Re: Linux server as it own firewall

From: Scott Gifford (
Date: 09/14/01

Subject: Re: Linux server as it own firewall
From: Scott Gifford <>
Date: 13 Sep 2001 22:10:55 -0400
Message-ID: <>

Seth Arnold <> writes:

> On Wed, Sep 12, 2001 at 01:25:21PM -0400, James Puckett wrote:
> > I am considering having the firewall for a Linux server I am building
> > running on the server itself using IPTables.
> Every time someone mentions firewalls, I always think of a quote I heard
> once: "Firewalls are a symptom of broken hosts". (Anyone who knows the
> original source of this quote, please let me know privately. :)

Firewalls are another layer of protection for broken hosts. Mistakes
are made, and a good firewall can stop them from becoming fatal ones.
I used to work at a place that ran everything wide-open on the
Internet, and we did a lot of work to keep everything secure.
Nonetheless, a monitoring machine somehow fell off of our list of
machines to keep up-to-date with security patches, and was

Many client-only machines run services they don't even know about, and
this also provides protection against that. For example, many ISPs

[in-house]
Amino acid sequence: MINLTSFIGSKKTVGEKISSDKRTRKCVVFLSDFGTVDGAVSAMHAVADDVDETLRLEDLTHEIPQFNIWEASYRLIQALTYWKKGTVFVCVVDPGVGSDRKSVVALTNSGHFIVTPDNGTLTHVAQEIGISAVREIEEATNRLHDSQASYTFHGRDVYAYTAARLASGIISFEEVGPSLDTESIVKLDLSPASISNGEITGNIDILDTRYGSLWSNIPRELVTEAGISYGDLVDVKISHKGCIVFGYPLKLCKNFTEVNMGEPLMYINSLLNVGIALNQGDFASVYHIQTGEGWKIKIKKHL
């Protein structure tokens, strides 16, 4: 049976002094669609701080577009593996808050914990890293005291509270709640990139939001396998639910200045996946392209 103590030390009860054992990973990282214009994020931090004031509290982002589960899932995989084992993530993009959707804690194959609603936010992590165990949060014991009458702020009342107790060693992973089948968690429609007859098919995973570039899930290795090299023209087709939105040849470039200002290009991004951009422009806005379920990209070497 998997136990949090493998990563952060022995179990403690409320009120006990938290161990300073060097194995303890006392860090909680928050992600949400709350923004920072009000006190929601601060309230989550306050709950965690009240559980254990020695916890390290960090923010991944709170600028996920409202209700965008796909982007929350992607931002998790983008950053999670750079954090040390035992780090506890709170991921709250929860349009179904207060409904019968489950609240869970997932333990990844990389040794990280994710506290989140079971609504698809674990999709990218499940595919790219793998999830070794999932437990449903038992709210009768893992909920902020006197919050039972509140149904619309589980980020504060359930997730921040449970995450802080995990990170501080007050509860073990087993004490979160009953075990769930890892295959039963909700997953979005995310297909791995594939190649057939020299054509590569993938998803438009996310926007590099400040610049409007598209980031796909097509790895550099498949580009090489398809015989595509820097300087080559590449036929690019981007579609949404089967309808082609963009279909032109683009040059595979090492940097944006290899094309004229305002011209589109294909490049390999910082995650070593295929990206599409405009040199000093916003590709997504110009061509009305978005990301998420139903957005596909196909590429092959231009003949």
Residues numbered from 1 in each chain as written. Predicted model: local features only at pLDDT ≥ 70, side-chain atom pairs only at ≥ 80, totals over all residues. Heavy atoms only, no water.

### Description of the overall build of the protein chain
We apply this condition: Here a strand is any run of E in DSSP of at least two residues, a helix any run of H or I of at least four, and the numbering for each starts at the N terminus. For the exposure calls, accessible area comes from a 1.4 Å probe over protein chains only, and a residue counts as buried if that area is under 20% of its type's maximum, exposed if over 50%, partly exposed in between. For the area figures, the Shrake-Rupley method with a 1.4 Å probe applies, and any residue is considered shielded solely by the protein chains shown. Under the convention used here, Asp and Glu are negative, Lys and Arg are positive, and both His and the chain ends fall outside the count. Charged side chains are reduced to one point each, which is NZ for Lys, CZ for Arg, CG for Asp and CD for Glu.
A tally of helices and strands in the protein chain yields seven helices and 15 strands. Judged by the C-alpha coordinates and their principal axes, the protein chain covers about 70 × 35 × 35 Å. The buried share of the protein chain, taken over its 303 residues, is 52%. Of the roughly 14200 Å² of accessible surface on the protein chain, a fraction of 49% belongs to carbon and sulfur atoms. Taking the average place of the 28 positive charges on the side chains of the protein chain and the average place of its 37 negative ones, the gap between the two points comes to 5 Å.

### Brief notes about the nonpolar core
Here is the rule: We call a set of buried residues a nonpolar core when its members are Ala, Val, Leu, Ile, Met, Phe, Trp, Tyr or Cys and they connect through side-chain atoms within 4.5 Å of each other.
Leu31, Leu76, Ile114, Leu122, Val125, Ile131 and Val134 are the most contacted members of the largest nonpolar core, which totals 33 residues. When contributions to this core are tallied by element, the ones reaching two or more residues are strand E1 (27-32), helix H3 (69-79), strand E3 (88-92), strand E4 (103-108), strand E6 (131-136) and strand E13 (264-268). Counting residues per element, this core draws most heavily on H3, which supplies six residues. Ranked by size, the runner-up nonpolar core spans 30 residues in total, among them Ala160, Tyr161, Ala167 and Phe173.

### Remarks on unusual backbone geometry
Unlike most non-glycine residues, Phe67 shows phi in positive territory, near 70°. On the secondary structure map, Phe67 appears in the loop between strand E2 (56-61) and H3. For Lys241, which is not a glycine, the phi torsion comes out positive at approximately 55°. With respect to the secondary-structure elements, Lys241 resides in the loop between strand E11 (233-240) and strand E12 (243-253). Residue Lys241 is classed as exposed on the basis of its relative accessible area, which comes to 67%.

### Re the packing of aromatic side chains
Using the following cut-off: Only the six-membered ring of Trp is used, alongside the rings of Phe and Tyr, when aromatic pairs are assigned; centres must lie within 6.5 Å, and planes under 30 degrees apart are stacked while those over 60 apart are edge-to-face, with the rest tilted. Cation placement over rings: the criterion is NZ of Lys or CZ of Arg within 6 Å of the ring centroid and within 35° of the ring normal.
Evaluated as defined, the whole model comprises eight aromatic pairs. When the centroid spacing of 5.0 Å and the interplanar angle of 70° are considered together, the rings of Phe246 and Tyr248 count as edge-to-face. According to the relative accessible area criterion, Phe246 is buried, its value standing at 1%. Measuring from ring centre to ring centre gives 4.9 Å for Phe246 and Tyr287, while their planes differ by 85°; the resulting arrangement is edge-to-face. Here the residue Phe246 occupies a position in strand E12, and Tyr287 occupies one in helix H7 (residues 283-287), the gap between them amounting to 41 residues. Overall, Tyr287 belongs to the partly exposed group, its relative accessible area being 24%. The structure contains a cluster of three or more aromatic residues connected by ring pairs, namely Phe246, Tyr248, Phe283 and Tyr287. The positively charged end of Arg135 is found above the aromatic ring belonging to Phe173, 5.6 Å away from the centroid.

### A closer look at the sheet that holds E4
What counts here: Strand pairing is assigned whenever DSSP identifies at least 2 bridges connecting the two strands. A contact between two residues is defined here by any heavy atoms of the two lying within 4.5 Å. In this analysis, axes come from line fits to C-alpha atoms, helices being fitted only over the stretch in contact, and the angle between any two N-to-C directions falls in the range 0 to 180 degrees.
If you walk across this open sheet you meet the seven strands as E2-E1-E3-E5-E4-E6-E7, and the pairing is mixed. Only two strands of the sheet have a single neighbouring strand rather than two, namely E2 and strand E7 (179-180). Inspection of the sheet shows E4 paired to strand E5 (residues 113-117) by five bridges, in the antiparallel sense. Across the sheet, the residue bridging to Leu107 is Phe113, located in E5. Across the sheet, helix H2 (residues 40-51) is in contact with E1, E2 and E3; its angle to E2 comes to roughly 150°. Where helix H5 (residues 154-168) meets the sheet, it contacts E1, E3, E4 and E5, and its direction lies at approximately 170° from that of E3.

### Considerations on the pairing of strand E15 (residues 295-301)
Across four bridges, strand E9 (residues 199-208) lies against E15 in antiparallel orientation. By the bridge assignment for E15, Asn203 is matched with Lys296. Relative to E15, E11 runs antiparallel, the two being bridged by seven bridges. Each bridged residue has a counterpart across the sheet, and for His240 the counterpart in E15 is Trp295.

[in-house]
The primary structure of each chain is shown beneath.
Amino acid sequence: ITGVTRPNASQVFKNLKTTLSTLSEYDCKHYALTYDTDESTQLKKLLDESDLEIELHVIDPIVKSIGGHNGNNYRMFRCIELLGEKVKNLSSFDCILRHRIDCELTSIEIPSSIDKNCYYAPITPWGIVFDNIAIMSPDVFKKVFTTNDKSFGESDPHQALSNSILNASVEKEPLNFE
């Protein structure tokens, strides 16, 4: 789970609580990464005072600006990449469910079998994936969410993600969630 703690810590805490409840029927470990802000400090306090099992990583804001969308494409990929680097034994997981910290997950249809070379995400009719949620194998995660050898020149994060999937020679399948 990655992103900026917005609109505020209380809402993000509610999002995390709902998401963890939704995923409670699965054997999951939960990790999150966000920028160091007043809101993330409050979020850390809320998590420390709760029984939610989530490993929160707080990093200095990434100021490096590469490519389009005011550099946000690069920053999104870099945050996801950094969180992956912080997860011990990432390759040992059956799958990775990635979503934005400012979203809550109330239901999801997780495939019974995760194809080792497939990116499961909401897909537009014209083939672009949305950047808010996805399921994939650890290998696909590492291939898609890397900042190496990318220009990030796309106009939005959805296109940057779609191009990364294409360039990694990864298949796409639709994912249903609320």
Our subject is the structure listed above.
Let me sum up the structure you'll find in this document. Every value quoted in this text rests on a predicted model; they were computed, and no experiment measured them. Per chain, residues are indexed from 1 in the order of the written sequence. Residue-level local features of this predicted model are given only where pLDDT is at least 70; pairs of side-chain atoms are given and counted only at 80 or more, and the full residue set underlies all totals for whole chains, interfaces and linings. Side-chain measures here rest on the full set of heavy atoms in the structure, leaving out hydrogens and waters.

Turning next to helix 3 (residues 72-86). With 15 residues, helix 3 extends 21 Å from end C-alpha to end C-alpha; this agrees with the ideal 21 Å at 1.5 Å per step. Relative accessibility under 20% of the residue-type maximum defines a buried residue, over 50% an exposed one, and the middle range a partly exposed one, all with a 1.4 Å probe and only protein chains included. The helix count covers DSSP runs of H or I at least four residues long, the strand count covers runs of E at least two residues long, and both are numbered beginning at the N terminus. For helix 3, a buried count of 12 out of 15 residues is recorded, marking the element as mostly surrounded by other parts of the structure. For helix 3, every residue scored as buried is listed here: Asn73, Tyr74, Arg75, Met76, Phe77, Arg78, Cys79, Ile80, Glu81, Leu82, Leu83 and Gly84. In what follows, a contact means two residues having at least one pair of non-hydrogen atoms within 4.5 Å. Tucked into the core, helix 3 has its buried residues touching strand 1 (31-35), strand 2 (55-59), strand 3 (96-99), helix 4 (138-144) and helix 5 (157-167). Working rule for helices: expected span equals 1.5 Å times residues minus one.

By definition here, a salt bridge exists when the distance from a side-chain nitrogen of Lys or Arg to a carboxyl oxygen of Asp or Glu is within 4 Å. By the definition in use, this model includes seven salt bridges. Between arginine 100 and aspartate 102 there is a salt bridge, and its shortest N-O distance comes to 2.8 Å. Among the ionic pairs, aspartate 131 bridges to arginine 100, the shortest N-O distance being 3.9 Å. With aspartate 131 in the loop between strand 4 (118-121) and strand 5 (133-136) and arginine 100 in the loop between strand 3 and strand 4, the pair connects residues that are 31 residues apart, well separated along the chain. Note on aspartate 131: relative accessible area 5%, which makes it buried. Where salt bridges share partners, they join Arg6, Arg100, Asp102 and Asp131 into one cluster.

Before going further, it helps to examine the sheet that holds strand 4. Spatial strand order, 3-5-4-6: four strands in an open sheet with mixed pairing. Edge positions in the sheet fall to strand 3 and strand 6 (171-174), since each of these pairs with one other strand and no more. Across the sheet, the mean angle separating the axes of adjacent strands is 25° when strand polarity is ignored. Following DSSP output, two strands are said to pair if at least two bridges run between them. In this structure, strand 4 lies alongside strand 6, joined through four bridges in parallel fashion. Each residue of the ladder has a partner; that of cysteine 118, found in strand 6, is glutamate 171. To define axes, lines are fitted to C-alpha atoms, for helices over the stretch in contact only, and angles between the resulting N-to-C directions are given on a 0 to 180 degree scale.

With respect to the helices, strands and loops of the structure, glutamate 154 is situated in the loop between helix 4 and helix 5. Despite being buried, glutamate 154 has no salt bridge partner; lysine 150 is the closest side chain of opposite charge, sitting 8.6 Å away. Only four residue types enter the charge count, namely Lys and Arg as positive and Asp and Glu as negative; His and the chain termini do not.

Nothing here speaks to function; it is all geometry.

said users infected with CodeRed didn't even install IIS on their
machines; apparently some other applications take it upon themselves
to install IIS without warning you. Windows filesharing is difficult
to disable, and has been the source of security problems in the past.
Securing an NT machine at work, I found 10 different ports listening,
all by random applications that felt the need to listen on Internet

They make it easier to experiment inside your network. You can set up
a copy of apache on your workstation to play with, without worrying
about locking it down right away.

And they're a good part of "security in depth", making sure that you
have multiple layers of security so that if one is broken you're not

The security in depth philosophy would also recommend a dedicated
firewall. Eventually, the machine will crash, and need to have the OS
reinstalled, and unless you're very careful, will have an insecure
setup. Probably, this will be in a crisis moment, and you'll worry
more about getting the services on the machine back up before worrying
about getting the firewall working, leaving you more exposed.

I would recommend that you buy a cheap firewall box. The router you
use to connect to the Internet can probably provide adequate
firewalling capabilities. For less than 10MB of bandwidth, many cheap
$300 consumer-grade firewalls should probably work just fine (make
sure it supports stateful packet inspection); a dedicated OpenBSD or
other UNIX machine can handle a bit more than that. For a bit more,
you can get a firewall and load-balancer combined, and improve your
reliability while improving your security.